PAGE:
MH17 trial: In The Hague, four men with ties to the Russian security services are being tried in absentia for the shooting down of a passenger jet over eastern Ukraine in 2014.

Prince Andrew: In a rare move, the top federal prosecutor in Manhattan said for a second time that Prince Andrew has refused to help the authorities with an investigation into allegations of sex trafficking by the financier Jeffrey Epstein and his associates.

What we’re listening to: This Radio Lab podcast about a reporter, Latif Nasser, who discovers a Guantánamo Bay detainee with the same name as him who was cleared for transfer in 2016 but is still stuck inside the prison. “The show takes you on a wild journey to Morocco, Sudan and inside the barbed-wire U.S. military prison in Cuba,” says Alisha Haridasani Gupta, who writes In Her Words.

Cook: This old-school recipe for smothered chicken, which our Food editor, Sam Sifton, calls “the culinary equivalent of a weighted blanket and a nap on the couch: safe and homey” in his newsletter.

Watch: In the Ken Loach film “Sorry We Missed You,” a British family that’s barely getting by faces the perils of the gig economy.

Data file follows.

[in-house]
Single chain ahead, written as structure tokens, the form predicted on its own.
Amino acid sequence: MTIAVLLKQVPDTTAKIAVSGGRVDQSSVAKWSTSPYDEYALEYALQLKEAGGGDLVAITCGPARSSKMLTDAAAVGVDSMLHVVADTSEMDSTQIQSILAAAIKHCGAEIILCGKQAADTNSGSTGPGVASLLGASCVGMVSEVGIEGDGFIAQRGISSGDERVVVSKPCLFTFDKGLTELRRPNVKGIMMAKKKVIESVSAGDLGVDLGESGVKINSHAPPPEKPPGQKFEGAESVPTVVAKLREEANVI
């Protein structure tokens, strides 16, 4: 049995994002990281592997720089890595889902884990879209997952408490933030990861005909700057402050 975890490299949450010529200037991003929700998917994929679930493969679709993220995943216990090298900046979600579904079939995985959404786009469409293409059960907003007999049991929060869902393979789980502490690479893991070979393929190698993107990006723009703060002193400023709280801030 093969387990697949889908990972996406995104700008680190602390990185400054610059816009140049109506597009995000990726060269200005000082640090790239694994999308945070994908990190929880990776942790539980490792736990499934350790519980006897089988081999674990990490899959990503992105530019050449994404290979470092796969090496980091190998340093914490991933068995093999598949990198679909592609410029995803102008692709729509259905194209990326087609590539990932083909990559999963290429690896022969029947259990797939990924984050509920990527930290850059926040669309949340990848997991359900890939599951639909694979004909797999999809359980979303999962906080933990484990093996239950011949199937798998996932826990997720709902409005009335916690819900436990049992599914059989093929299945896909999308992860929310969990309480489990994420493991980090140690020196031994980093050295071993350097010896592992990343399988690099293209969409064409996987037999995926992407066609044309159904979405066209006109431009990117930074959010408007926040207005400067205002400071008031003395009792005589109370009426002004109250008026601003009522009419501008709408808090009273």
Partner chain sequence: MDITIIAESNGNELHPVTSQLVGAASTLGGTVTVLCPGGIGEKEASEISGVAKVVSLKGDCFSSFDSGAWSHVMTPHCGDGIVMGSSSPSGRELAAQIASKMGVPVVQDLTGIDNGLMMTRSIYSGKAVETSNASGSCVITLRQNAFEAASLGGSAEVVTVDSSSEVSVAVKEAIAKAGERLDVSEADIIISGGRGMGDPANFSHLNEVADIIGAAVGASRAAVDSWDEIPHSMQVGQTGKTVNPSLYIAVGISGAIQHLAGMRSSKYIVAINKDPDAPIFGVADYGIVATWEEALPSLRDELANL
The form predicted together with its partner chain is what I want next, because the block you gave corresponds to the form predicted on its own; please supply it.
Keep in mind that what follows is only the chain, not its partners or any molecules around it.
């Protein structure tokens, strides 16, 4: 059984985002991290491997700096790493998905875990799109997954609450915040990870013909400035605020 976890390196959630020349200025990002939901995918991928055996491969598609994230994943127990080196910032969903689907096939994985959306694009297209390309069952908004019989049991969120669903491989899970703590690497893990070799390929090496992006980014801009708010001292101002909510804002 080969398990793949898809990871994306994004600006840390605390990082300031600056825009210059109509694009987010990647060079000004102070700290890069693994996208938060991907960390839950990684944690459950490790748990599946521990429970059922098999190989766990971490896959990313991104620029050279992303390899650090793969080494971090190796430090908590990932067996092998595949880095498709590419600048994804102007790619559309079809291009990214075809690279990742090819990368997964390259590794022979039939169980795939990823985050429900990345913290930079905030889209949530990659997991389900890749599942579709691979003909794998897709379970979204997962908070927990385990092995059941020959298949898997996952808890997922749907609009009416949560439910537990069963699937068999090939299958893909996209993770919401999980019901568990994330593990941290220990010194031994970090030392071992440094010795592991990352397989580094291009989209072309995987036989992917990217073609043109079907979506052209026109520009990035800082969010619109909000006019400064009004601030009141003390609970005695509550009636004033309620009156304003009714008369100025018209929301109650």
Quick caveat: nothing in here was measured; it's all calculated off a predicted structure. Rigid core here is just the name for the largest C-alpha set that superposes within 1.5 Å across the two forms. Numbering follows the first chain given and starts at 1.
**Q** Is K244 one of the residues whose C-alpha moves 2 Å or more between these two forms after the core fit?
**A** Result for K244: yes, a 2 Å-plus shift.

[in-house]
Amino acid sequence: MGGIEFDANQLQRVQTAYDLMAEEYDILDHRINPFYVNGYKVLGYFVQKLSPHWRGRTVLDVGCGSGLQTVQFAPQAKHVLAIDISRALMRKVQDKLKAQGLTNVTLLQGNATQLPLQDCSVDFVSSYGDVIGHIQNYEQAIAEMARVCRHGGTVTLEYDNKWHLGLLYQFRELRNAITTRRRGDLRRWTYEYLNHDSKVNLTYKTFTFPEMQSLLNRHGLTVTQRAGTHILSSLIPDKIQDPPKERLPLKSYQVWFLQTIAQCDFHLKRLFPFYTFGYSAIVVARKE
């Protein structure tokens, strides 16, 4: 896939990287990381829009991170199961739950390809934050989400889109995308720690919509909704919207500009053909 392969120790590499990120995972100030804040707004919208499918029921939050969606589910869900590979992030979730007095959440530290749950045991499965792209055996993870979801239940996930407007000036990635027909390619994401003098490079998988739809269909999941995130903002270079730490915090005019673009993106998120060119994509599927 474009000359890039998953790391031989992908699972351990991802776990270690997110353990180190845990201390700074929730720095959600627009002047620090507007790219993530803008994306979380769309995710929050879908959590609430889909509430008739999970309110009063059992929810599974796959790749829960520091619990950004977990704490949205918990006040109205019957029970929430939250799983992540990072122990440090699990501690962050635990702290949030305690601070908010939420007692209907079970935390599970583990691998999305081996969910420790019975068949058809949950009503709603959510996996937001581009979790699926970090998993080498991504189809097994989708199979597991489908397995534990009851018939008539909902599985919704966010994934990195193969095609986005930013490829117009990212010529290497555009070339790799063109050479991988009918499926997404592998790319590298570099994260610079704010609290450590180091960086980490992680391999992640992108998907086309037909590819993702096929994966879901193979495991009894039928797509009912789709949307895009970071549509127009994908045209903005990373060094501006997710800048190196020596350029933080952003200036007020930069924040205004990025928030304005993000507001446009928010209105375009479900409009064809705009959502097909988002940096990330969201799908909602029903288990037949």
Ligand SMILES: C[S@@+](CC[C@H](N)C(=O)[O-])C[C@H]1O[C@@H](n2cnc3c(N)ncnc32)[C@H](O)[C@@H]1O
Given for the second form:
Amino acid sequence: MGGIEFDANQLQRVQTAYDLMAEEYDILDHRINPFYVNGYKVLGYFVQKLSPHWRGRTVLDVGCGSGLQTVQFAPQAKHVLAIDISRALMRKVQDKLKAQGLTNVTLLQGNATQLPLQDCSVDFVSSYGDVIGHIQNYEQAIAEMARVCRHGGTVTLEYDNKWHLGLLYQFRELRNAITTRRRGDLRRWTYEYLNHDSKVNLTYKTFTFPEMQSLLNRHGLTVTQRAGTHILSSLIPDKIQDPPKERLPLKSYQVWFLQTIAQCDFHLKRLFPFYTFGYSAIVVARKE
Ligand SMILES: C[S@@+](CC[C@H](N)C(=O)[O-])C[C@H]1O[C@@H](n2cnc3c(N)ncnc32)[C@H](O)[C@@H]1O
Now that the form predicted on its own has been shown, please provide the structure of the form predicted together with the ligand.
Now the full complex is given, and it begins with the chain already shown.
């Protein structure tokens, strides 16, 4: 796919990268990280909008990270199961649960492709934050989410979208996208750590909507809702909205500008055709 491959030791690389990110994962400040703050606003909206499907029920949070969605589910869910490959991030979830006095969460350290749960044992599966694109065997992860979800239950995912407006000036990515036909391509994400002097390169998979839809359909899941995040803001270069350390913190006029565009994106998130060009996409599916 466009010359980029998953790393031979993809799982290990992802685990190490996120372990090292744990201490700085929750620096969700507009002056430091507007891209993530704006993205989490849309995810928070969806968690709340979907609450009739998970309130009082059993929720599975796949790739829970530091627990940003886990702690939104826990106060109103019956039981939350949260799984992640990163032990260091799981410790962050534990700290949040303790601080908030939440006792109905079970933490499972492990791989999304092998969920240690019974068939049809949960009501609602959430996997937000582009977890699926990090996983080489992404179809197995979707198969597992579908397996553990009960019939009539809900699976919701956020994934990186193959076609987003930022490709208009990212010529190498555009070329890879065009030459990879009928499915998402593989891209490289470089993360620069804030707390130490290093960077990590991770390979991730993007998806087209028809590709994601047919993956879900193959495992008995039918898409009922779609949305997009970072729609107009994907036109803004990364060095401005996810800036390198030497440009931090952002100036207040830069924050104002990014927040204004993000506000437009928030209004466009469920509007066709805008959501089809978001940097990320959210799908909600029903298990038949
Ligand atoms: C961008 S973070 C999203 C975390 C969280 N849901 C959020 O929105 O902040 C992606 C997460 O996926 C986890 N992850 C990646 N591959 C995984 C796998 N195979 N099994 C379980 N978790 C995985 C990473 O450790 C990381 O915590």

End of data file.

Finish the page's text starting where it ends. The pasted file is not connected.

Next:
Smarter Living: Long emails and difficult-to-decipher memos mean modern office communication goes ignored more often than it’s understood. Here are eight ways to improve how you communicate.

Our Istanbul bureau chief, Carlotta Gall, is covering a tense moment in Syria’s nine-year civil war, as government forces backed by Russian warplanes have been closing in on the country’s last rebel-held city. She chatted over email with Mike about what it’s like to report there.

Did your latest trip to Syria feel any more risky than previous ones?

Thankfully our trip to Idlib was not particularly dangerous. We could hear planes in the sky at times — we heard a shell land in a nearby neighborhood — but nothing came in very close to where we were working.